Skyscrapers - even though depending on sit x, you would have a great view of the end of modern civilization, thats about all you could do.

But most importantly:

In an unfamiliar area and not prepared - To not know your surroundings could be a death warrent during sit x.

If I'm halfway to Denver on a business trip when sit x happens, and I'm in the middle of nowhere Kansas hundreds of miles away from my family, my supplies, and my gear...theres a good chance that I'm in for a really rough ride.

If you are even halfway cautious you would have an atlas at least so you would be able to find a town to seek shelter and whatnot if needed, but sit x scenarios are various, and for the majority of the scenarios, being in a place that you don't know squat about is worse then any other.

[edit on 24-5-2007 by DropInABucket]

posted on May, 24 2007 @ 04:39 PM
I would not want to be caught anywhere near cities during sit x but I would not want to become reliant upon the social services afterwards even more so. That is how one will end up in one of those concentration camps. Out here in the country we would be prepared to protect our land and homes from any threat. Good people will be out there, but like during the deppression, you might get a little bread and tea, but you had better keep on moving after that...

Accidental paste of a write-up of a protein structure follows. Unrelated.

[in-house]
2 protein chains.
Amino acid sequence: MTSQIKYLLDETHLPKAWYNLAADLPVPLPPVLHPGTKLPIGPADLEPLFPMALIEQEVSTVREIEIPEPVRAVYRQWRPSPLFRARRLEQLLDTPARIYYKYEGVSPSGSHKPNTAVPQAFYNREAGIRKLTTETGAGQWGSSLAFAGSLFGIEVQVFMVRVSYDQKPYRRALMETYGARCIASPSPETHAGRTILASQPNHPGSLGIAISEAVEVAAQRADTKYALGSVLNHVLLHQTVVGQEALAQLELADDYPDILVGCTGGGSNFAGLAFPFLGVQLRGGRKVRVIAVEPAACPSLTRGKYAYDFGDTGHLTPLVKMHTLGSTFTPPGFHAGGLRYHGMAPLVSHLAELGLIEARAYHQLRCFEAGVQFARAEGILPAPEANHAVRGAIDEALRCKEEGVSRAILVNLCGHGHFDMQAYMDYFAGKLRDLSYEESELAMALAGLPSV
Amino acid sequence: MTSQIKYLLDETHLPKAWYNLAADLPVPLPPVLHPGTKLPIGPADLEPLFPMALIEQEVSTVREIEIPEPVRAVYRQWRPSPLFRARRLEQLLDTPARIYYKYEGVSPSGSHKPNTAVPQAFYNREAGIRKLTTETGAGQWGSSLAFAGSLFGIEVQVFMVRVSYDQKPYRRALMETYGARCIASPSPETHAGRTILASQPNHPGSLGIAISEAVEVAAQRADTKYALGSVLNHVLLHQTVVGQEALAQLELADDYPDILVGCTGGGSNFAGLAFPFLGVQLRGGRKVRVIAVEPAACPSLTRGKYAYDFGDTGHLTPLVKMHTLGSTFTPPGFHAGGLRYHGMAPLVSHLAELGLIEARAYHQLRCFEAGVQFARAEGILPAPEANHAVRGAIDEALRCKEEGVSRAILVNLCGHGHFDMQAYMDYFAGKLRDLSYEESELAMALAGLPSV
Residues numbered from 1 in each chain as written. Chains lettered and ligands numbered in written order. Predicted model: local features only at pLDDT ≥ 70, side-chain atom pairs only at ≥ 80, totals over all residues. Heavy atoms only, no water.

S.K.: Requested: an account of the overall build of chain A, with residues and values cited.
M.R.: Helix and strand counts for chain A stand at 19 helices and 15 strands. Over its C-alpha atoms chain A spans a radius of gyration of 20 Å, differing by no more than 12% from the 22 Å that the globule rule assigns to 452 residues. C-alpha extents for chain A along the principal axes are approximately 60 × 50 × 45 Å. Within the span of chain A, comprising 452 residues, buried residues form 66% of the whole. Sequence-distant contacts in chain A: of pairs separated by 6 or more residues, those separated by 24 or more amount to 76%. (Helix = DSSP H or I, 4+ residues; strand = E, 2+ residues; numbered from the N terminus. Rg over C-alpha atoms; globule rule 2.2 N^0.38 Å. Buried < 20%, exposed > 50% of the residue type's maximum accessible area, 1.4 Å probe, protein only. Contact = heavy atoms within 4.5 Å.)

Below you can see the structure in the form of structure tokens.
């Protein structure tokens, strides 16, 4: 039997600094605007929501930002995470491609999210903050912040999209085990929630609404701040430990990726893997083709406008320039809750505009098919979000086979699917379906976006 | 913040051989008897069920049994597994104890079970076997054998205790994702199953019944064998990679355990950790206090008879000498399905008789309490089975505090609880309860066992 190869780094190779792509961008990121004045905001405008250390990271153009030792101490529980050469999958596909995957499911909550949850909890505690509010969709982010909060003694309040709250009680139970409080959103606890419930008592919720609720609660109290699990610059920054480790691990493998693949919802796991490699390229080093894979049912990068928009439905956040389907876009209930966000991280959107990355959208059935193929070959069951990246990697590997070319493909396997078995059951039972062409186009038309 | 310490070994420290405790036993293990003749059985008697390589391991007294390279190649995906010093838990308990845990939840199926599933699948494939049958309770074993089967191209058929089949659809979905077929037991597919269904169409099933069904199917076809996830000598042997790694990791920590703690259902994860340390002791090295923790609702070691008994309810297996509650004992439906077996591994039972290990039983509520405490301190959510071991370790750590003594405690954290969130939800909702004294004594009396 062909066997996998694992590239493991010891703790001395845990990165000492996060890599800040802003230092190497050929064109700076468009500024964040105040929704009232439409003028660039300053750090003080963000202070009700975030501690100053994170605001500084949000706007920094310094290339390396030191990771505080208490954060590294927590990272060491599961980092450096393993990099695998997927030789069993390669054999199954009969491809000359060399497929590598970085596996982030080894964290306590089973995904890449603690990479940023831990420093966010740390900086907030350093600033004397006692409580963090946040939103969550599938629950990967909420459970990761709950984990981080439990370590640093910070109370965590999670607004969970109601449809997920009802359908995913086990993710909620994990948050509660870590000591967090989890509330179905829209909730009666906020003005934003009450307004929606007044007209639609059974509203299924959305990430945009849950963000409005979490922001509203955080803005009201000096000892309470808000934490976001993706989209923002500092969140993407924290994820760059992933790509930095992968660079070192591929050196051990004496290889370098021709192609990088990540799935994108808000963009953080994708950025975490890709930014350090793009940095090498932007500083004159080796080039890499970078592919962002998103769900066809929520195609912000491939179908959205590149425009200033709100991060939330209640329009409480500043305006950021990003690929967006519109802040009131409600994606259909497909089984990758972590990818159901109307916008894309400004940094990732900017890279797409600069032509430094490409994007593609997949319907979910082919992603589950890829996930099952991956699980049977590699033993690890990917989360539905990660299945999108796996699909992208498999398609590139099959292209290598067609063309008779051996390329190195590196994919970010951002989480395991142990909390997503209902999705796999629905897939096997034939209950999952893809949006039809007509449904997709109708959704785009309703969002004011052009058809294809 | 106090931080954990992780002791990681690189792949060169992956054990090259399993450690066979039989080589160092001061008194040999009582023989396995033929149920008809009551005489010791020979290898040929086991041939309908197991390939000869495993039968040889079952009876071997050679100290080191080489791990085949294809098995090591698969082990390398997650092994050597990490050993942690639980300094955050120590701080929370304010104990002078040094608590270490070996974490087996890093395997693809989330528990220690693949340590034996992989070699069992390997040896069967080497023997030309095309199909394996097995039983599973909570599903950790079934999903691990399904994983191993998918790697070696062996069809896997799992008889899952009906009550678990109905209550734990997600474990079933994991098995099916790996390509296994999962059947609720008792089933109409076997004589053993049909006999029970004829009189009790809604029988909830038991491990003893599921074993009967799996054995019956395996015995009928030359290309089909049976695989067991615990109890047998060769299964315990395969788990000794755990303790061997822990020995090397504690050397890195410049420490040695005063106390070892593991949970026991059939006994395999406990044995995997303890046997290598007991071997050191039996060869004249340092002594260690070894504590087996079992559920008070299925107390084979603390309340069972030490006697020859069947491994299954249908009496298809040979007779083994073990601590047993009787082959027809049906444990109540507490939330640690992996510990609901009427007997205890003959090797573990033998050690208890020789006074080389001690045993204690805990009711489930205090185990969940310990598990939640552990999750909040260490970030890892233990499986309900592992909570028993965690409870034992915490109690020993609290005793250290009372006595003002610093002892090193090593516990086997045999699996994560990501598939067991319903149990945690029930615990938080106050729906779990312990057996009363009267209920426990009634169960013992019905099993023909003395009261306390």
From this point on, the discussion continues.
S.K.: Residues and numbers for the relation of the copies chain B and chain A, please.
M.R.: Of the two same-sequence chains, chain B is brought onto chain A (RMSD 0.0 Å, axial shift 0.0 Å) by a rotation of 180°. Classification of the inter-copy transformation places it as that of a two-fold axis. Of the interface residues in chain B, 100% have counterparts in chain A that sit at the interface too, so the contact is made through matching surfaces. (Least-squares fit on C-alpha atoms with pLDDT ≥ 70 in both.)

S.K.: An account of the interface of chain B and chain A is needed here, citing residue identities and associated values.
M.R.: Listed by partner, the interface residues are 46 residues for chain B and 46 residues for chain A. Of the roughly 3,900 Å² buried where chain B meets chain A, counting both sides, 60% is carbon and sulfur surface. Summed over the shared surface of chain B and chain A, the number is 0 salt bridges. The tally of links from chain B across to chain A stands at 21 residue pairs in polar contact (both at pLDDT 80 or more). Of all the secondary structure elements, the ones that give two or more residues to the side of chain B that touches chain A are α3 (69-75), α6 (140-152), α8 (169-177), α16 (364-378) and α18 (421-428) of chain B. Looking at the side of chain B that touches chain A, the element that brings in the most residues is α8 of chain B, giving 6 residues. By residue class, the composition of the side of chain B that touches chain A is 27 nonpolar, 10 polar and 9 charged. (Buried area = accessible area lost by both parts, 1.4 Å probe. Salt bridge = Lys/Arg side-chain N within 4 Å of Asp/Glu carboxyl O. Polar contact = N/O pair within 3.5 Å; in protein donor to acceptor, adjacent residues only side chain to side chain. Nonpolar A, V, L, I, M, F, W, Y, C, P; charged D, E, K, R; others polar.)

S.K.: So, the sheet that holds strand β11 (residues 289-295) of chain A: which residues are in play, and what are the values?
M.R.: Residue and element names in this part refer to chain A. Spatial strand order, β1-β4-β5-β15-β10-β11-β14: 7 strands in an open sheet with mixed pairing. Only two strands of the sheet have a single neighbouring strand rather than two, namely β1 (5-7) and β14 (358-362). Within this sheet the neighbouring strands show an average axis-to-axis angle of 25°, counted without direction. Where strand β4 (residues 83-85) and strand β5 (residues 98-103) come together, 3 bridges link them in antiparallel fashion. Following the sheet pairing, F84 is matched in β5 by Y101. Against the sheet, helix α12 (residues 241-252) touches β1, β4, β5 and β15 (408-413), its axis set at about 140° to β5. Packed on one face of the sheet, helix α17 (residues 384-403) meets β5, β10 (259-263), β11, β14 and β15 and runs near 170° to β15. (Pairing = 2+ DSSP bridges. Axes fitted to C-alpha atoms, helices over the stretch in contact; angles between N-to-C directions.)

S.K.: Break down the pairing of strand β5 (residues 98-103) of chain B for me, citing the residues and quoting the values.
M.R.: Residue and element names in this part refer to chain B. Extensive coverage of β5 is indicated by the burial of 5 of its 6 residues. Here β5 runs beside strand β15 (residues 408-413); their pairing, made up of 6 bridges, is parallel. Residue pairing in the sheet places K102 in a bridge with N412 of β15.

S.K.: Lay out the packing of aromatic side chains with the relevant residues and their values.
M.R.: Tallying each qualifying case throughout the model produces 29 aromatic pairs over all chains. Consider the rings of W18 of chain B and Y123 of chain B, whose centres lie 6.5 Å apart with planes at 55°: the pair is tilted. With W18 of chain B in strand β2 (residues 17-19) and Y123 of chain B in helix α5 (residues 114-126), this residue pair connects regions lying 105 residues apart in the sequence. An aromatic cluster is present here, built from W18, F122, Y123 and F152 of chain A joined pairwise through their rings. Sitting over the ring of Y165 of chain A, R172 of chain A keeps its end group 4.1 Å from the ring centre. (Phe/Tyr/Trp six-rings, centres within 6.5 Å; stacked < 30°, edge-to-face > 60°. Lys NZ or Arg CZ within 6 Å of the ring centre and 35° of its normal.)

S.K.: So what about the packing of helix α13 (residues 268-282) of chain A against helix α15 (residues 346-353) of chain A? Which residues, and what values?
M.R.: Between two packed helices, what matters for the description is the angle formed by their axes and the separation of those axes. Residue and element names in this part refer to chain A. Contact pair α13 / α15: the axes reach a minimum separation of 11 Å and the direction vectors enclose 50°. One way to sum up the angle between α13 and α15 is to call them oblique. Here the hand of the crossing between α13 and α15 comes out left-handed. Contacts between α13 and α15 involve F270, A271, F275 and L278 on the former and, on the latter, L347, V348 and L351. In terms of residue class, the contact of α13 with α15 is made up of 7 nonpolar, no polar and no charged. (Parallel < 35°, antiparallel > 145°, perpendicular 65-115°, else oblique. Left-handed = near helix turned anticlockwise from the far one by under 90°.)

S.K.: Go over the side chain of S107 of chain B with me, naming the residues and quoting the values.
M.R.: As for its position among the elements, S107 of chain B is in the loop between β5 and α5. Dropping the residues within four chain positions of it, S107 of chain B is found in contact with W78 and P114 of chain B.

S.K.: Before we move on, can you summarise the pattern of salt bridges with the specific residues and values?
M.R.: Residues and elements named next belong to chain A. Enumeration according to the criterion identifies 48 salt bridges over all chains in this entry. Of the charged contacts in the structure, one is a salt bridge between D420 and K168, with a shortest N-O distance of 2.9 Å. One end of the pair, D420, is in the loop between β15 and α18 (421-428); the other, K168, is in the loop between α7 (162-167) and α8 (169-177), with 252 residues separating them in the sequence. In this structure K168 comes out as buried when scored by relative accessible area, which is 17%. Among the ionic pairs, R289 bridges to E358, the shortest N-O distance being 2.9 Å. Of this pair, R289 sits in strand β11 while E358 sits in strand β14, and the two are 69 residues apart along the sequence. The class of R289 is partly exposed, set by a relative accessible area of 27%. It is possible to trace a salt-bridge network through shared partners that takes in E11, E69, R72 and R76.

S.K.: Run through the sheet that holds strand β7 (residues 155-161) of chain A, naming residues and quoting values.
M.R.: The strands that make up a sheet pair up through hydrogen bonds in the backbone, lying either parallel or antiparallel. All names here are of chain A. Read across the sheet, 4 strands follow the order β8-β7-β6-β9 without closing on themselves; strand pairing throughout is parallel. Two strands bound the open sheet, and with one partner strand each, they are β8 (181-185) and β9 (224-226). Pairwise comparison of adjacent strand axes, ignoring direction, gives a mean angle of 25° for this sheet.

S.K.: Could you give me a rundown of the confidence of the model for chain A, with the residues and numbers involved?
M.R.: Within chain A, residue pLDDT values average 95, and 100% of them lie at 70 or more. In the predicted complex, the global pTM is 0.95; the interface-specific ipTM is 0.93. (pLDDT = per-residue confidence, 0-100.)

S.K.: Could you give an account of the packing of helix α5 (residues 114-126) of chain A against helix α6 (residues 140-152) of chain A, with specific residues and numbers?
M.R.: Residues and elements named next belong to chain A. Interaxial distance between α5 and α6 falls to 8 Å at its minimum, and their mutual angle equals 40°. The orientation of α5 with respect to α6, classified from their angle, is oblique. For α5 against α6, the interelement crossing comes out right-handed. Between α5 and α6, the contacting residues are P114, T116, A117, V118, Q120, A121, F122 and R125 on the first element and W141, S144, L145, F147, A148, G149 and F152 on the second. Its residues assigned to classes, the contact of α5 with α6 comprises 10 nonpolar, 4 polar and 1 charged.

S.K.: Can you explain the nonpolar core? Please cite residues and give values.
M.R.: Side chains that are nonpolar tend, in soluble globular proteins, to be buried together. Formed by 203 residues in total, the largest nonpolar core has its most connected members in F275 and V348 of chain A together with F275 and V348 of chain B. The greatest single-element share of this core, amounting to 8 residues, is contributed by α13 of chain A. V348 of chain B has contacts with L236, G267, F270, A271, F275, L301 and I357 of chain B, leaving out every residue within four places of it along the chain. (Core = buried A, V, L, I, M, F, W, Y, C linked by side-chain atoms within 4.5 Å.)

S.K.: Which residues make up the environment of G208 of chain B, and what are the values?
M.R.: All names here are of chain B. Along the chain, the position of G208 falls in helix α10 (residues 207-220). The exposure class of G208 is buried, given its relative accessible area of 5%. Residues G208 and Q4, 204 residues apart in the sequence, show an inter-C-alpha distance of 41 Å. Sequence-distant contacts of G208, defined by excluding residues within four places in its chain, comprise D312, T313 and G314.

posted on May, 24 2007 @ 04:46 PM
I used to think I was in a good spot here in Nye County, NV (I mean, come on! Art Bell calls it home too and he has to know something I don’t, right?) but then I was doing some planning with the wife on how I would be coming in to town in case of sit. x from Vegas, where I work 7 days a week.

What I realized is that half of Vegas would likely be heading our way, and we are not nearly small enough to just block our roads. Pahrump is a town of about 40,000 60 miles west of Vegas. Unlike most towns of our size we are spread thin and no one knows each other. There would be no common defense of Pahrump. Most of us live on over an acre, even those close in to town. No way we could block the hundreds of thousands that may head our way from Vegas even if would could band together.

So now I have to bug out because of those who will be bugging in.

And where is there to go from Pahrump? Death Valley. Great. I’m so screwed.

posted on May, 25 2007 @ 10:16 AM